FINISHING a degree for more than five years might be a disgrace for many, but in the college called Conservatory of Music, students are allowed to stay longer—even up to a decade—to master their chosen craft.

Music student Dave De Jesus, who is set to enter his 10th year in college, said he had no background in music when he entered the conservatory in 2001, which, he believes, is one of the reasons why students overstay.

“I overstayed in Music because I started out without any knowledge in singing. Most of the students in the conservatory have similar cases,” said De Jesus, who majored in Voice after finishing Music Education.

De Jesus also believes excellence in music is developed through time.

“Each one of us has to give time for our talents to develop and mature and this could only be achieved if we stayed longer,” De Jesus said. “You can’t just force yourself to have a higher musicality at a snap of a finger.”

Music Student Council President Roman Gerard Enguero, an incoming sixth year student, said overstaying helps students hone their talents.

“It is more expensive, but through overstaying, I learn more and am becoming a better musician,” said Enguero, who is majoring in Guitar.

Outgoing student council president Kabaitan Bautista said overstaying in the conservatory is “normal,” adding that the policy has ensured that Music students are equipped with the right technique, sufficient knowledge, and attitude when they graduate.

“The curriculum is fairly unique and, with the help of professors, it [has produced] some of the top singers [and musicians], in Europe, US, and Asia,” said Bautista.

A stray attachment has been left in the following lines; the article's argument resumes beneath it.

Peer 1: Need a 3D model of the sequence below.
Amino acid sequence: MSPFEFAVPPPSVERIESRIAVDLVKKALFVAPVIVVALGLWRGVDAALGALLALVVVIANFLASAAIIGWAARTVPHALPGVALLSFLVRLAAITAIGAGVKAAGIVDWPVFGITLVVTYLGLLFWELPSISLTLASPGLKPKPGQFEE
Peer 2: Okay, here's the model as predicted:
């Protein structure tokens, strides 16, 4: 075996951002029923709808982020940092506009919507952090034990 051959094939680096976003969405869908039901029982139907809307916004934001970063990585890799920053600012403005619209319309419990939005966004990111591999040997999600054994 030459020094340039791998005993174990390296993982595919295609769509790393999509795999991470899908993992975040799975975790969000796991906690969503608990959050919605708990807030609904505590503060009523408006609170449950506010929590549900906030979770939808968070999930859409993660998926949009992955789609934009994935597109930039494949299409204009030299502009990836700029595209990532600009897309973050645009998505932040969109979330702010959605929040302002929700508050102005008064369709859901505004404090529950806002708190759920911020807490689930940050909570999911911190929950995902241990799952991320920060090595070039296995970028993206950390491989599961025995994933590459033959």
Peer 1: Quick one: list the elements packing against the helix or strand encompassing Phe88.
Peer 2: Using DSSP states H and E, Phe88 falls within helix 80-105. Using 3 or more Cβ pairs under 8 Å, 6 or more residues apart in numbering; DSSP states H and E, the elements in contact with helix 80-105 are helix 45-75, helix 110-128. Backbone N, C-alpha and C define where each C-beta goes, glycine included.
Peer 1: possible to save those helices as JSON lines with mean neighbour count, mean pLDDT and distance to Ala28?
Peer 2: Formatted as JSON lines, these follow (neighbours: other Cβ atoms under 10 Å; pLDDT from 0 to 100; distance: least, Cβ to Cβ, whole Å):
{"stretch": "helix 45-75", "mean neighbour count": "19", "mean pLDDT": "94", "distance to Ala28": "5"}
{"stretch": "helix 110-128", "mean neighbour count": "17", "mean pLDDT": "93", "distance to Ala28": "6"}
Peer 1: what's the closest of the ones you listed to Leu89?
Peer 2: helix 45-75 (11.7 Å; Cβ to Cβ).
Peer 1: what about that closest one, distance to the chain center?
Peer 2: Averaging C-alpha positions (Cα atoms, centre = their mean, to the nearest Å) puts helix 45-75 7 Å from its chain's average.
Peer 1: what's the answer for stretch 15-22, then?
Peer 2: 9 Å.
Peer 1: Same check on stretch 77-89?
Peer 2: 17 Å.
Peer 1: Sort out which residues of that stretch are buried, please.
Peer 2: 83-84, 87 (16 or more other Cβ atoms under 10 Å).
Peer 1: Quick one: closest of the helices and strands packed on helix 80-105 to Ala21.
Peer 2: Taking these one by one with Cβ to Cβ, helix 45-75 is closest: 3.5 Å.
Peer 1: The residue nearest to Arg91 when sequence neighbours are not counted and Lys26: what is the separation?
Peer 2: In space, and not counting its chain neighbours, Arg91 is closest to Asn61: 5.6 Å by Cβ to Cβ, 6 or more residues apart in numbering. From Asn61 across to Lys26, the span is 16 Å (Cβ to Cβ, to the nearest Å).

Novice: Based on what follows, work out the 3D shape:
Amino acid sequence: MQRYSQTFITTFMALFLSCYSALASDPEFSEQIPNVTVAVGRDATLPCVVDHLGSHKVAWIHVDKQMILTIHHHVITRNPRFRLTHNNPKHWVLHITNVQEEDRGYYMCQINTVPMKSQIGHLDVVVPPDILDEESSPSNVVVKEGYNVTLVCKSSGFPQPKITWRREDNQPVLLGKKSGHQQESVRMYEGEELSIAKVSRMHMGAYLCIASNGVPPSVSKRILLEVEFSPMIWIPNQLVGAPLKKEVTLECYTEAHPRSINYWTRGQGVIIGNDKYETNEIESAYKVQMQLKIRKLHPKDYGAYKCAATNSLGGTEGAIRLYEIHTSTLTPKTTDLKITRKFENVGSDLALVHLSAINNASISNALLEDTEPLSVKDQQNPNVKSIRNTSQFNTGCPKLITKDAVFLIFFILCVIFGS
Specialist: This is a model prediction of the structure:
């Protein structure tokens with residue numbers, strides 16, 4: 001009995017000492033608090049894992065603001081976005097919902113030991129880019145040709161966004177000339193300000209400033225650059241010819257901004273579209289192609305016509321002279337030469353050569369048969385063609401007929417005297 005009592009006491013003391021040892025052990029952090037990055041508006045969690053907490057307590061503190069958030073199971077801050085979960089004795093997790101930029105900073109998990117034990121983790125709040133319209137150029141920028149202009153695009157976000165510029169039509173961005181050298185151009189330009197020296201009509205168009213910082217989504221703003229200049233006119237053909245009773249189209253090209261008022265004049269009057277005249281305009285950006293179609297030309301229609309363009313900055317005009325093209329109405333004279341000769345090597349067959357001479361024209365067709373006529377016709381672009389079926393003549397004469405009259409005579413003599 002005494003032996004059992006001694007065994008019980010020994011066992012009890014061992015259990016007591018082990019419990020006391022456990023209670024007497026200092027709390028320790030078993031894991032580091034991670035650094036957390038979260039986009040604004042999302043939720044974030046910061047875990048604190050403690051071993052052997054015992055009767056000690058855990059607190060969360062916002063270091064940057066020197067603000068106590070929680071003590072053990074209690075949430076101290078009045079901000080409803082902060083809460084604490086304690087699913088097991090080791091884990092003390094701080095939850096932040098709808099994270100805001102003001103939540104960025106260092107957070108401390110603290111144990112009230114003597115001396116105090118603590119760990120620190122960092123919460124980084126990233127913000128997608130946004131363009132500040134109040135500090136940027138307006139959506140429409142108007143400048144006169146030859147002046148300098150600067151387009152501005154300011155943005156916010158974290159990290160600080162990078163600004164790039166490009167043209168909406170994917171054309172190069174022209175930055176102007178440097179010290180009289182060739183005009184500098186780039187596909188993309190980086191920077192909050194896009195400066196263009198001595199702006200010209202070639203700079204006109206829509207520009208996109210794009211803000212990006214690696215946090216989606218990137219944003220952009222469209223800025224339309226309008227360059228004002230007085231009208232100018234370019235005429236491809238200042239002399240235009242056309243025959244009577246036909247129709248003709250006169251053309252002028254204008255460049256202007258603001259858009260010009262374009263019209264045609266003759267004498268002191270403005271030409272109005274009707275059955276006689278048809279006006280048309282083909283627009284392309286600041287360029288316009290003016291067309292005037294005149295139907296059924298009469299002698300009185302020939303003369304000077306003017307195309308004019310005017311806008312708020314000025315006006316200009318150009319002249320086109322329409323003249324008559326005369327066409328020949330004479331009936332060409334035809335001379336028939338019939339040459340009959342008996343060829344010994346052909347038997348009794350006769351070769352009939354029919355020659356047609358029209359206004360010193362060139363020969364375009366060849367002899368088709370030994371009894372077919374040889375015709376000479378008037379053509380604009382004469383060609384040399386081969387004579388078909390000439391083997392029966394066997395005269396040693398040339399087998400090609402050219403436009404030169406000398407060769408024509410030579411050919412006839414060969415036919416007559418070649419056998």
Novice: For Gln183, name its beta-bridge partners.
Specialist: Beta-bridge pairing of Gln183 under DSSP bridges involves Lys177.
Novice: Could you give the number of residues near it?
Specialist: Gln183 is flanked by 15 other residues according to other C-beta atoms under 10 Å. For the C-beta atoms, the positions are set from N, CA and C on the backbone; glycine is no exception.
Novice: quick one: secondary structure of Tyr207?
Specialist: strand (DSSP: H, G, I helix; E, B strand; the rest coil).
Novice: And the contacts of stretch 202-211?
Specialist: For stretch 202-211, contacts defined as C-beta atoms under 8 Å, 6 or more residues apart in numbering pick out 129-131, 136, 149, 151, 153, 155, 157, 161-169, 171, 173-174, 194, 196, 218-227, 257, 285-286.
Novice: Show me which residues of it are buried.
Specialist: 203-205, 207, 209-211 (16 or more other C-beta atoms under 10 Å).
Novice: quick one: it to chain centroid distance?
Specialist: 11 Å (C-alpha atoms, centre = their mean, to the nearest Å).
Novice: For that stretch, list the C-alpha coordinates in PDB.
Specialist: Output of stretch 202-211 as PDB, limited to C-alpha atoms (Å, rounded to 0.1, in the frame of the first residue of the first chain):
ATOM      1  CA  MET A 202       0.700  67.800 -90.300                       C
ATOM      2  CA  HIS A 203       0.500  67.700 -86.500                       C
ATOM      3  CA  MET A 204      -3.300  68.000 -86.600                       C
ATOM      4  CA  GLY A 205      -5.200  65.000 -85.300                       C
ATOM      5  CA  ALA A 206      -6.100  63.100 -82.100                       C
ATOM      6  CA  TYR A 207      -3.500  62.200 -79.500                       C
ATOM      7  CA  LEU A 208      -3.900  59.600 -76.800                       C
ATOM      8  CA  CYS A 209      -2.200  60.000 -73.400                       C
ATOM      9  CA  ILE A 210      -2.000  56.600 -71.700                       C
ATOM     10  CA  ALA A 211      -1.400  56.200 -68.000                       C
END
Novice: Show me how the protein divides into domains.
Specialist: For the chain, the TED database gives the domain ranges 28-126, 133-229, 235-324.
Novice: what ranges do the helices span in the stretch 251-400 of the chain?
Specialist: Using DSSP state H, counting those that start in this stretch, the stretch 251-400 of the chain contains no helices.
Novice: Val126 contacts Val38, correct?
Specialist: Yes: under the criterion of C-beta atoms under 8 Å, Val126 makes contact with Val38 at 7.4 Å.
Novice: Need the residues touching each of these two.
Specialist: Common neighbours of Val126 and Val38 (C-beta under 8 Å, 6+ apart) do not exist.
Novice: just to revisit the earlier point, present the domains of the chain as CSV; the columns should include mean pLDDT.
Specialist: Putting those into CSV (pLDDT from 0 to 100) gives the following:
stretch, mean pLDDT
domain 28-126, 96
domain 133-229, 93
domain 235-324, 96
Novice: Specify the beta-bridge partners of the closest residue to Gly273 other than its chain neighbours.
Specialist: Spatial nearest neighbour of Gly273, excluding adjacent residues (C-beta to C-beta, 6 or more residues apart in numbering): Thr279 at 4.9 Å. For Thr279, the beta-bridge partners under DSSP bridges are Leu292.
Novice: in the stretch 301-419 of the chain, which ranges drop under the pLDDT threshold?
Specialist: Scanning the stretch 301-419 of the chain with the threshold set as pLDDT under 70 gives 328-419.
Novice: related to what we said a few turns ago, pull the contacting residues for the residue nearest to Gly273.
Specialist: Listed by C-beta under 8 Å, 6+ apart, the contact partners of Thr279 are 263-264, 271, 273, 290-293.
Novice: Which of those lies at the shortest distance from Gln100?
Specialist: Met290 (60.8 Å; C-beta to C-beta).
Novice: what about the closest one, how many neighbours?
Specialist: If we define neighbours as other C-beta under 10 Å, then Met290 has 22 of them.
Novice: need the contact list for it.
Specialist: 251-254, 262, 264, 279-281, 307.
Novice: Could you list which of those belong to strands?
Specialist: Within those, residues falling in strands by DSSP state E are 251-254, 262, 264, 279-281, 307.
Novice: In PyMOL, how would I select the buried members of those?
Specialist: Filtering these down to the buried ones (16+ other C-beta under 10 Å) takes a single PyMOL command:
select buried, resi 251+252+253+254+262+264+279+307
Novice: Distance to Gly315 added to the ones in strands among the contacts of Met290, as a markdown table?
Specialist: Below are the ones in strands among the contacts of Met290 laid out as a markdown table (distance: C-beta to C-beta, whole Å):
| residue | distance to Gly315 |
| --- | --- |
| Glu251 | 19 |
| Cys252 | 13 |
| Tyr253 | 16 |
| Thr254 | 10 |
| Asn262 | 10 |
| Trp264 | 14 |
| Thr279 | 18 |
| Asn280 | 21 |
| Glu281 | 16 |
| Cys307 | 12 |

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'V'itter-sweet years

For Music professor Anthony Say, staying longer to finish a music degree has benefits.

“Overstaying gives them more exposure, more experiences, and more time to mature while staying under the support of their respective mentors,” Say said.

Meet the requirements

Explaining why Music allows overstaying, Dean Raul Sunico said students have to remain in the University until they meet the requirements set by the administration.

“Their academic set-up has eight levels that measure a student’s performance,” Sunico said. “Upon assignment to a certain level, the student has to meet the set requirements. When he is assigned to a particular level, he should follow the set-up.”

Sunico also said professors regulate the load of their students depending on their performance, and determine if a student is prepared to advance to another level.

Say, meanwhile, said that some students are able to play instruments but their levels are way below the minimum requirement to be able to finish the course on time.

“Some majors, particularly instruments, require a certain span of time to reach the required level for graduation,” he said.

Students are not required to take major and minor exams every semester. They only take their exams when they are ready. This also contributes to the “overstaying”.

Sunico said there are two factors why the students “fail” to graduate on time.

“One, some students cannot meet the requirements of their major and two, they do not enroll full-time because they had to stop for a while to work,” he said.

“It takes time for Music students to develop their skills because it is impossible to learn things overnight,” said Sunico.

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When the 'Great Flood' came to UST

Last academic year, around 150 out of the estimated 600 Music students were “overstaying” in the conservatory.

Before being admitted to the Conservatory of Music, the largest conservatory in the Philippines, aspiring applicants need to undergo auditions and an examination to measure their excellence in their chosen field in music.

This year, more than 50 students graduated from the conservatory.

“Music students are patient Thomasians. It is fine with us if we take a longer time to finish as long as our talents and skills develop more to [reach] excellence,” De Jesus said. “Most of us (music students) want nothing more than to make beautiful music.” Bernadette D. Nicolas

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